Pridnestrovian Moldavian Republic

Date: September 2019
Duration: 2 days
Distance: 50km

Wedged between Moldova and Ukraine, only 30km wide in places, and recognised by no other country in the World, is the Pridnestrovian Moldavian Republic (Приднестровская Молдавская Республика) also known as Transnistria.

Internationally the area is considered part of Moldova, however on the ground it is a de facto country. The Pridnestrovian Moldavian Republic has its own military, police and currency. Moldova exercises very little control over the country, if any.

Important to note is the currency, the Pridnestrovian Ruble is not exchangeable outside of Pridnestrovie. I understand credit cards are rarely accepted anywhere, if at all. Fortunately every supermarket I visited had a bureau de change, where major currencies such as Dollar, Euro and Russian Ruble can be exchanged. I pay my hotel in Euro cash, receiving the change in Pridnestrovian Ruble.

My visit coincides with Pridnestrovian Independence Day, so I have pre-booked accommodation for two nights. The last time I booked anywhere in advance was for my night in Istanbul a few days earlier.

I am staying at Club City Hotel in Tiraspol, the capital city, a mere 5 minutes walk from 25 October Street (улица 25 Октября) which forms the main promenade through the city and is the location of tomorrow’s military parade and carnival.

The hotel has only a dozen or so rooms, but it’s new and has an executive feel to the place with its own upmarket restaurant on site and large comfortable rooms. My Euro goes a long way in this part of Europe!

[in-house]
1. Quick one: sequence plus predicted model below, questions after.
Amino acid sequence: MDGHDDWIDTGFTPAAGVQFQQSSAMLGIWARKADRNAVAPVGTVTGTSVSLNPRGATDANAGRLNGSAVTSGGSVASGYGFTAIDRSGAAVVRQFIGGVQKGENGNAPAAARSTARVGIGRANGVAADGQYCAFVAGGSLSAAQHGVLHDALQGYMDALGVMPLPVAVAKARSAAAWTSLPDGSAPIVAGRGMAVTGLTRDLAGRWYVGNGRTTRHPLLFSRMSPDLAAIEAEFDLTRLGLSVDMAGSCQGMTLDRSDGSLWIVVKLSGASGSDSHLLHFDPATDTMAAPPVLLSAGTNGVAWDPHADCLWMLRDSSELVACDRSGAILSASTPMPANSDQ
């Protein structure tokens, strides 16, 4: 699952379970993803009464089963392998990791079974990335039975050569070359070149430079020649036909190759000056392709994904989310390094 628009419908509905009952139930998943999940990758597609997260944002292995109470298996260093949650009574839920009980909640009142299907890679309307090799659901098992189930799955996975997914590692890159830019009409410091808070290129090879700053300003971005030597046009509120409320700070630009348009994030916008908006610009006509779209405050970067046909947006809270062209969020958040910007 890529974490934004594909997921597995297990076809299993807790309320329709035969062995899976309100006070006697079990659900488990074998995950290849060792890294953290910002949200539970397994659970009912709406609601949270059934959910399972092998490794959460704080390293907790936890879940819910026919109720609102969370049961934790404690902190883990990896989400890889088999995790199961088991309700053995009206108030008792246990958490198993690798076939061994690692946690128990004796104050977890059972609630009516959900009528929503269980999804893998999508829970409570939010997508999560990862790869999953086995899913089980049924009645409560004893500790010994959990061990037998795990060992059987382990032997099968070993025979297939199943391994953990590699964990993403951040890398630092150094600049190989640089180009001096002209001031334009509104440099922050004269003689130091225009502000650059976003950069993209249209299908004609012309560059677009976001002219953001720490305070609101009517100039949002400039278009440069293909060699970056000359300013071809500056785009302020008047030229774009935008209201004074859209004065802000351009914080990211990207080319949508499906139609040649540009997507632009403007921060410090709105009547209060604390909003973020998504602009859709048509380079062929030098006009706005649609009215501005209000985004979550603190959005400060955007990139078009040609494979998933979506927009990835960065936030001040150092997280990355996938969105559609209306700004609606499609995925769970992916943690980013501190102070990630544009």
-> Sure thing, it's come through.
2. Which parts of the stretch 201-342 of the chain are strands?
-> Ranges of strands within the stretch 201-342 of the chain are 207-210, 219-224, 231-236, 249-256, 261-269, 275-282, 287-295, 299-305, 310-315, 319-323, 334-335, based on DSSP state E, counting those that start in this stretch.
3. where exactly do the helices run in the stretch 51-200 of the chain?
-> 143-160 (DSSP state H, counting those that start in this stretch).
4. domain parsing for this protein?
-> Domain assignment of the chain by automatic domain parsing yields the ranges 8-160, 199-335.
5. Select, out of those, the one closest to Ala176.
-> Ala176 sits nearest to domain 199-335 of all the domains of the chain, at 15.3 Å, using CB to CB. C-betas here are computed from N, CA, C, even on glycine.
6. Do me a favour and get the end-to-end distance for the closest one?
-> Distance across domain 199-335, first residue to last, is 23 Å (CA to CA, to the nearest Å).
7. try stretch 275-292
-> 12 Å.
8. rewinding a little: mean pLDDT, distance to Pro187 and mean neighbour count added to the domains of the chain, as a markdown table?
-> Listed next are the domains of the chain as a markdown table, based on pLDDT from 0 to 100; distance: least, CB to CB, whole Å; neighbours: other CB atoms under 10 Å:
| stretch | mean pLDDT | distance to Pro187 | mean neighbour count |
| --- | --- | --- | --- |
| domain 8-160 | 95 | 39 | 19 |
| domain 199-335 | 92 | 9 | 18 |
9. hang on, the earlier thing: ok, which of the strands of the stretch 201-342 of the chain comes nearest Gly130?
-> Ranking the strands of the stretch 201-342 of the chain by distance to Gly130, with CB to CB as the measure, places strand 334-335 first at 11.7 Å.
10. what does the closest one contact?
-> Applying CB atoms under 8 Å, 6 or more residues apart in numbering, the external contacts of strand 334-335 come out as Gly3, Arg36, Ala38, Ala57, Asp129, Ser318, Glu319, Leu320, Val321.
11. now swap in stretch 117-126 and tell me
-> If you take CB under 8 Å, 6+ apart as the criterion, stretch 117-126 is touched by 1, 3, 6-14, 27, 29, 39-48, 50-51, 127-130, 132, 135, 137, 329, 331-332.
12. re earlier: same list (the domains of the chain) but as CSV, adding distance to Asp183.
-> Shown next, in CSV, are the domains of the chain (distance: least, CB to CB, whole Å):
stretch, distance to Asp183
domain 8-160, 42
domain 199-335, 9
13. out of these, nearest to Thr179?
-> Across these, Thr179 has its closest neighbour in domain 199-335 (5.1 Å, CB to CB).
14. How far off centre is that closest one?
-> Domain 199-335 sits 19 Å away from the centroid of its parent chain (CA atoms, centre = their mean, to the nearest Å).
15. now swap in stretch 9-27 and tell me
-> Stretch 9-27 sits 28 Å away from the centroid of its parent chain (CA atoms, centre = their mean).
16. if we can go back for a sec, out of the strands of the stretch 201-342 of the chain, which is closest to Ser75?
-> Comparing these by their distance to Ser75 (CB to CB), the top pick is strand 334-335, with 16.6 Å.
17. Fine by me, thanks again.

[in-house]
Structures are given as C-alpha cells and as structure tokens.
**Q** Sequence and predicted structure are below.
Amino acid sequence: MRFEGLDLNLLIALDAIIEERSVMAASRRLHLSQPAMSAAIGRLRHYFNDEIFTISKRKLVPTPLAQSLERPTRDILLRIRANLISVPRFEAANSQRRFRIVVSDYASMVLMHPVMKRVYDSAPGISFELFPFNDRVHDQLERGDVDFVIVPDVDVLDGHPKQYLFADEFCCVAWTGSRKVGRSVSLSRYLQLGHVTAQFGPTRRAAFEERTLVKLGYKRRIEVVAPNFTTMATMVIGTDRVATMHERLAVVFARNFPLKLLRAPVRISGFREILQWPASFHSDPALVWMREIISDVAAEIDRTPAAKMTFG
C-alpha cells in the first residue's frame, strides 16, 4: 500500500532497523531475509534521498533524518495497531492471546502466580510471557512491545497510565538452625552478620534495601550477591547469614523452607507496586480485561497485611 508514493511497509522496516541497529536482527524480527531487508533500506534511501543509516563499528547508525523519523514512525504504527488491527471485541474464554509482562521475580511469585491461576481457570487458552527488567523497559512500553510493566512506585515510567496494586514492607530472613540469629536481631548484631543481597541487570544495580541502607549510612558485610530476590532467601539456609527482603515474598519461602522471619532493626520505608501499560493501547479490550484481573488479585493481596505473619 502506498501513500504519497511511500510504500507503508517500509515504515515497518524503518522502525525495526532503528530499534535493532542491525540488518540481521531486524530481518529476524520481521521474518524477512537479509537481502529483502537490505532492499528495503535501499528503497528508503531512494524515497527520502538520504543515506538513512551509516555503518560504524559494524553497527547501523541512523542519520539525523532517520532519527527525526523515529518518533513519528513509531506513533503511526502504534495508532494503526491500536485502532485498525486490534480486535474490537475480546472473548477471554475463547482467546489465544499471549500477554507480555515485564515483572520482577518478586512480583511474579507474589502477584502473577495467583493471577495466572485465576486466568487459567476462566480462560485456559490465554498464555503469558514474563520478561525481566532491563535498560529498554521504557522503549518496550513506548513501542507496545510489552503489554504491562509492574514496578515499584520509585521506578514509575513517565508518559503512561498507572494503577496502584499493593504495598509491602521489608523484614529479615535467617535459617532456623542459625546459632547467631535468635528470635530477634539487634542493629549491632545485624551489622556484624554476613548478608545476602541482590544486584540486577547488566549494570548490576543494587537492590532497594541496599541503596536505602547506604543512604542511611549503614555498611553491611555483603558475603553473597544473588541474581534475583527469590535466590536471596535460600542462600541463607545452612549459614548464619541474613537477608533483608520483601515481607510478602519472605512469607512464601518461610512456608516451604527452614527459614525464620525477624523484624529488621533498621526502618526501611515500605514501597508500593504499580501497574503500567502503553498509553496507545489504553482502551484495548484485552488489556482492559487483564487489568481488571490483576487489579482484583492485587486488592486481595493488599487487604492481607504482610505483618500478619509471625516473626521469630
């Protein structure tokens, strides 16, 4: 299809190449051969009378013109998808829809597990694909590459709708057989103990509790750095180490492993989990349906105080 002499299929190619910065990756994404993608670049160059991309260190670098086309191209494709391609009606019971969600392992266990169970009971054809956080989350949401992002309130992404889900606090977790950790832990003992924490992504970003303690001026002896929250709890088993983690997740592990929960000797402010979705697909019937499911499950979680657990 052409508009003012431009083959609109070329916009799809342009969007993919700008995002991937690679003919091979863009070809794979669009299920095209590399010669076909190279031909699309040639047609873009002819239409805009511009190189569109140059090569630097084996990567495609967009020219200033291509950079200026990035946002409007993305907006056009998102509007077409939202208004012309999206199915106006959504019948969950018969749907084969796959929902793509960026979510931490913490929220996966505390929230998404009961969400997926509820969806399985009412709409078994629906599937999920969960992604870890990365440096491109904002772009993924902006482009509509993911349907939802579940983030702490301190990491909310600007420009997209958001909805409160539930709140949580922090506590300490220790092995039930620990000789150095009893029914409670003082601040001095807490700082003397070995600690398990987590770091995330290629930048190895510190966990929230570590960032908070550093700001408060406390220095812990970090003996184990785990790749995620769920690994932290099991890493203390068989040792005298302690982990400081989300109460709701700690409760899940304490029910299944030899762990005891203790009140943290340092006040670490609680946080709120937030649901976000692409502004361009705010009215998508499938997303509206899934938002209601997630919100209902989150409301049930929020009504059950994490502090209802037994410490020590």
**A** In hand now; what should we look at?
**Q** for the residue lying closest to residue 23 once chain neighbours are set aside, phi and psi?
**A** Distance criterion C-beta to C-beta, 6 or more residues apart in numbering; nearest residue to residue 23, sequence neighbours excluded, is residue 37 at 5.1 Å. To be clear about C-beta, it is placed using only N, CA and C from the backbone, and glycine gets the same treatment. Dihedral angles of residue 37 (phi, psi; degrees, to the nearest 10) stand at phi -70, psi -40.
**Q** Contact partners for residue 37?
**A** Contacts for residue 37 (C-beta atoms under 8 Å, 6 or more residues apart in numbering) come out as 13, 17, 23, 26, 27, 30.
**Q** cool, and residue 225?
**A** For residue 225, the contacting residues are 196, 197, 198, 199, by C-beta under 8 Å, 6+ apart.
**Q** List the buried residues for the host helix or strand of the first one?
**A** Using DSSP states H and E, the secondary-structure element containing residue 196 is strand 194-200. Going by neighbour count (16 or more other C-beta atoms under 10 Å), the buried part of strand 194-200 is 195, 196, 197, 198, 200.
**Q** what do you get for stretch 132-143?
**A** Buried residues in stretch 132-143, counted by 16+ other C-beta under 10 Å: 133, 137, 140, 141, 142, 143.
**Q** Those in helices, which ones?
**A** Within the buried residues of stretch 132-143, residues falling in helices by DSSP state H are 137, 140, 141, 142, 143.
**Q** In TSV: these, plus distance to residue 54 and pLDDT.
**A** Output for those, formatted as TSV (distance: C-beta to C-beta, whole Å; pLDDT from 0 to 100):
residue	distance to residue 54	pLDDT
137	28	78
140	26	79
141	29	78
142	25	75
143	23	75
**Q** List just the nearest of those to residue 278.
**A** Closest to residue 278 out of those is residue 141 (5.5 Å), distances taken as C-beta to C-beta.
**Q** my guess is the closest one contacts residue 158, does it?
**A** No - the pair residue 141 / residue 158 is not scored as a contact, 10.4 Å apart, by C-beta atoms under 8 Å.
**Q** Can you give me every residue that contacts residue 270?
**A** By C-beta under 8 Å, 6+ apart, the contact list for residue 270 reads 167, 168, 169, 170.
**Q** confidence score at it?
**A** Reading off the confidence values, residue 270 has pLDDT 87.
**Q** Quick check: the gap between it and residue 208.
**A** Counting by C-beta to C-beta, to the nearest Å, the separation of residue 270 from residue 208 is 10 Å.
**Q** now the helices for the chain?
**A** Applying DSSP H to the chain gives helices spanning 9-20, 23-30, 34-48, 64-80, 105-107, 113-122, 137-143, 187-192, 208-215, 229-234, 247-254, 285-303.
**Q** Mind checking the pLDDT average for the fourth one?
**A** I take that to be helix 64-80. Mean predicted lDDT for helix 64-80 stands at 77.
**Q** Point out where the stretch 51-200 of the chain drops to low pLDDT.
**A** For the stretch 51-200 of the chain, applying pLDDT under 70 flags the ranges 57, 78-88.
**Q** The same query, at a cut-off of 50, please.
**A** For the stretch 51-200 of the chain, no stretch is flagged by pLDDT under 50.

As the Pridnestrovian Passport is not recognised outside of Pridnestrovie, it is not much use for travelling. The receptionist was explaining to me that while she has a Russian passport as do most in the state, she applied for a Moldovan passport so that she could travel within the Schengen zone of Europe without a visa.

It’s the afternoon before Indepedence Day. 25 October Street has already been closed off to traffic and the setup is well underway. Tanks and other military hardware has been parked on a side-street, upon which children climb.

The city Tiraspol, is itself unbelievably clean and tidy. Those looking for a soviet-style crumbling grey city would be disappointed. The place feels modern and there are signs of money, even if it is russian money which as I understand is a likely scenario.

Independence Day – 2 September

The military parade starts at 9am and lasts for about an hour. Sadly no tanks driving along the streets, but lots of marching, saluting and military music.

Shortly after conclusion of the military parade, the carnival begins. All along 25 October Street there are musical performances, acrobatic acts, living statues, street performers and of course, food and drink. The carnival continues well into the afternoon.

I find one stall and a shop selling tourist souvenirs. One can quickly conclude that Tiraspol doesn’t receive too many tourists. Despite desperately wanting a t-shirt, they’re only available in XL which would sit on me like a tent.

I do in fact bump into one small group of tourists, three guys on a tour. They seemed quite surprised that I rode across the border on my own and stayed in a hotel of my choosing. Do people think eastern Europe is like North Korea?

The evening is mainly filled with live music performances and fireworks. I observe a middle-aged man in the crowd waving two large flags; the pridnestrovian and russian flags – which tells you everything you need to know about national identity in Pridnestrovie.

The following morning it’s back on the road, onwards to Odessa (Оде́са) in Ukraine. I will return to the Black Sea coast, which I last saw two countries ago in Romania.

At the exit border, I am surprised to receive a Moldovan exit stamp in my passport.